When Millennium hit, it was not perceived and seen just as a change from number 1 to 2 on the date, but especially with the attack on WTC, time opened a crack. There emerged 2 sides of a very wide river, getting wider and dipper with time, accelerating to most unexpected scale. There is this side and there the other one, how something that had only a symbolical meaning, just a change of numbers, materialized a real divide,sharp and beyond imagination. It's like being that proverbial white bear on a slice of ice, victim of global warming, broken from Northern pole, drifting in the ocean and there on the other broken piece of ice is a friend, a family or a lover, somebody that is and faster you move away from each other, is becoming a was. This goes for our sense of history, politics, economy, art, whatever represent a sense of culture, civilization that was formed in a drastic moment of change at the begging of 20 century. At the beginning the symbolical change of 1 to 2 was not a recognizable shift, suddenly just like that, those pieces of ice in cold Atlantic were drifting away, two sides of expanding river were getting out of reach, getting lost. Something intimately familiar suddenly become cold, alien and lost in the fog. The disappearing of familiarity brought a sense of anxiety and fear. The scary and unfortunate part of all of this, is that what is on this side of the river is not reassuring, it's illogical and mainly doesn't' have what the other side has, a logical, dialectical, even with all its horrors of the last century, a linear narrative. (Marxist dialectics and Hegel's spirit of history) with its inner basic optimism that has a potential of delivering a better world. Well, as they say, modernism was replaced by postmodernism or something else happened, something deeper and more sinister and non quantifiable. People are being blown apart by people blowing themselves up, and more being blown up by others with intent to prevent blowing ups in the first place, and all in the name of religion, having religious wars in the 21 century, how!? What happened to religion being opium of the masses? The question is what is going on or were do we stand.? The coarse is being dramatically changed, our near past is unrecognizable in an accelerated way. On a superficial way the new digital technology, specially communication and media revolution could be pointed out as the reason for this perception, but that is not the case, because this technology should actually reinforce the sense of reality and optimism and basically is not so different as previous technological jumps. A basic thing, humanism is being demolished from all sides and blamed for existing problems and to be dealt with. It is crucial that we don't lose that contact with the other side of the river, or the ones stranded and slipping away on that sheet of ice on the cold ocean of time. That we trow a line to the other side is almost existentially urgent, before is to late, here the work of some great post WWII artists has a great role to play, work as this one of GR.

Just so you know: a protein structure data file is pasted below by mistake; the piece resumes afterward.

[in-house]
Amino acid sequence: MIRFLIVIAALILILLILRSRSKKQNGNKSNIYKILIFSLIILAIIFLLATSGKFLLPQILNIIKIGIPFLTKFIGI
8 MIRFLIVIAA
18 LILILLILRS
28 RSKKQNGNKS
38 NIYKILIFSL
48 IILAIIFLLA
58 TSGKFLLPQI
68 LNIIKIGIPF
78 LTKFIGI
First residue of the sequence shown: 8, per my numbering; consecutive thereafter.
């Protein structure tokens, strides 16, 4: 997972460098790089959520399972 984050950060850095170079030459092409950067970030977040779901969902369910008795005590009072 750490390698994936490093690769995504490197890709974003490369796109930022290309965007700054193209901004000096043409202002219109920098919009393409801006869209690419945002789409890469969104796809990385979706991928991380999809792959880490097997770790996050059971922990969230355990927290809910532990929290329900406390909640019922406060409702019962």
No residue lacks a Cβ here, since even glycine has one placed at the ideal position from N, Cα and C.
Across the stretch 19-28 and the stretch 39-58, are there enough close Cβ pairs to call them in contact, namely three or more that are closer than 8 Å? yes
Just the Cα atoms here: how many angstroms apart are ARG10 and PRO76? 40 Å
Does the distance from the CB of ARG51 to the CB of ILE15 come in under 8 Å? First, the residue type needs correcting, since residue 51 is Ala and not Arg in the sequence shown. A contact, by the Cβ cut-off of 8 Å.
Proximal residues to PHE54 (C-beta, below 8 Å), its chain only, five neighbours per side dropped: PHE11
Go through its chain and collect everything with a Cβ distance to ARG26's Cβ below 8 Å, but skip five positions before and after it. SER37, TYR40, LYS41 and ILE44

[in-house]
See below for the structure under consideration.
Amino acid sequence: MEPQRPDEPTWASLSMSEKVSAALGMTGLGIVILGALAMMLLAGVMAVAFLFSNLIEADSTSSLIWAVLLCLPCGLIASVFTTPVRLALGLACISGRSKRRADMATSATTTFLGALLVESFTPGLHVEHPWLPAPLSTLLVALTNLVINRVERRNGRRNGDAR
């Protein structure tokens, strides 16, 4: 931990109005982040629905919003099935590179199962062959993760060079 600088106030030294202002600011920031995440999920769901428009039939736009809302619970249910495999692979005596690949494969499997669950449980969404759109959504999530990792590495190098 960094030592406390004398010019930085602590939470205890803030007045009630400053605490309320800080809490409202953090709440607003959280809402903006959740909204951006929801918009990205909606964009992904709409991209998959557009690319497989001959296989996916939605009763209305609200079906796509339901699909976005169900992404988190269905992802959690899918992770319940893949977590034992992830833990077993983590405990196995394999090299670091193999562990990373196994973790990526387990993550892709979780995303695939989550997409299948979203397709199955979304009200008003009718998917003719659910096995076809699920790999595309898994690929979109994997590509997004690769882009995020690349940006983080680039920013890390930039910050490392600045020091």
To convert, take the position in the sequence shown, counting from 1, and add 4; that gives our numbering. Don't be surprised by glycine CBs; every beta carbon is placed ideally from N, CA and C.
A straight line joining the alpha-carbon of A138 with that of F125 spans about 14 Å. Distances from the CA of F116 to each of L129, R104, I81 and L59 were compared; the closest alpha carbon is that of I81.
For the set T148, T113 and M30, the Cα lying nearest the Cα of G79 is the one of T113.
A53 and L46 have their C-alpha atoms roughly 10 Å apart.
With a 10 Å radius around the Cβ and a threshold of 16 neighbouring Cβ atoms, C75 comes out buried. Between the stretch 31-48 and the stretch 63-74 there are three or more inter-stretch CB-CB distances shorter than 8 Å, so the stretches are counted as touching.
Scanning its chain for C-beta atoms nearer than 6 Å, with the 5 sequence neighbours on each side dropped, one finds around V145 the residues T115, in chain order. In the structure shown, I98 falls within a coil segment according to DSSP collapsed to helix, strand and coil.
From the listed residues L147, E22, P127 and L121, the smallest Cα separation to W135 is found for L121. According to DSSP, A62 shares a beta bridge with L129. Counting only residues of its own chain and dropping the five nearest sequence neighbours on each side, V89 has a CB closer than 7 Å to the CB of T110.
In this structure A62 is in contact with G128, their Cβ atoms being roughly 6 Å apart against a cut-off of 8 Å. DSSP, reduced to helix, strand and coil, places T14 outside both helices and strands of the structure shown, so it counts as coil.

The horrors and the magnitude of insanity manifested in Fascism and Stalinism and WW I and especially WW II with the unspeakable Holocaust was an epic struggle between god and evil. With all resilience of the human spirit, of which art was an important driving force, god won with a huge hard learned lessons. Those lessons become drawing force and central to anything done after 45. Art was important especially to one, never forget, relax and lose the vigilance. That was especially true for German artists, GR among them, facing the fact that their culture gave birth to such a monster as Nazism, guilty of the biggest monstrosity in human history, they had embarked on a heavy self examination of their collective guilt. The work of great post World War II artists was hard, cutting and desperate, but at the same time liberating. It's deep criticism of contemporary society, politics and especially alienating effects rapid economic growth and the raise of consumerism had on individual, was to keep human mind sharp. Art 's total depression and nihilism in some cases was in its essence optimistic, with deep believe in future. Works of artist like Mishima, Pasolini, Celine,Visconti, Kurosawa, Beuys, Warhol, Fasbinder, Duras, Myrlin etc... and work like the "October 18, 1977" by GR are great examples of this. At the same time, they were actively shaping change for better in nascent youth and pop culture, making difference in a fight for individual human rights, like women's and,gays and racial equality in more and more complex world. There was support for liberation movements of colonized people to regain their independence ("Battle for Alger ") and a sense of possible utopias, obviously everything with the Cold War with the potential nuclear annihilation as a constant beat looming on the background. The other side of that Iron Curtain divide,with their paranoid high premium value placed on art, produced body of deep personal insights in works of artist like Tarkovsky, Wayda and many others .... In a brief moment, when the end of Cold War with the fall of Berlin Wall, dismantlement of South African Apartheid and Mandela's freedom, other long conflicts like Israeli and Palestinian, Northern Irelands ... being on the verge of the solution, combined with the new digital globalizing revolution, for a brief moment it did looked as things are really getting better and the ship is finally arriving to a home port, after being on stormy seas for a very long time. Art was the light house providing direction to safety from dangerous tempest. Well, all of this utopia in the making didn't last for a long time. New, at that moment considered unthinkable and ahistorical, not recognized as a serious thing, that would eventually start dragging everything to the bottom, horror of Sarajevo and Rwanda materialized. It produced something new, a virus infecting human body of history. It was beginning of a disease, that symbolically with the new millennium, like Aids, was devastating our common immune system, taking over and rewriting all the rules and spreading rapidly. The big crack started to materialize.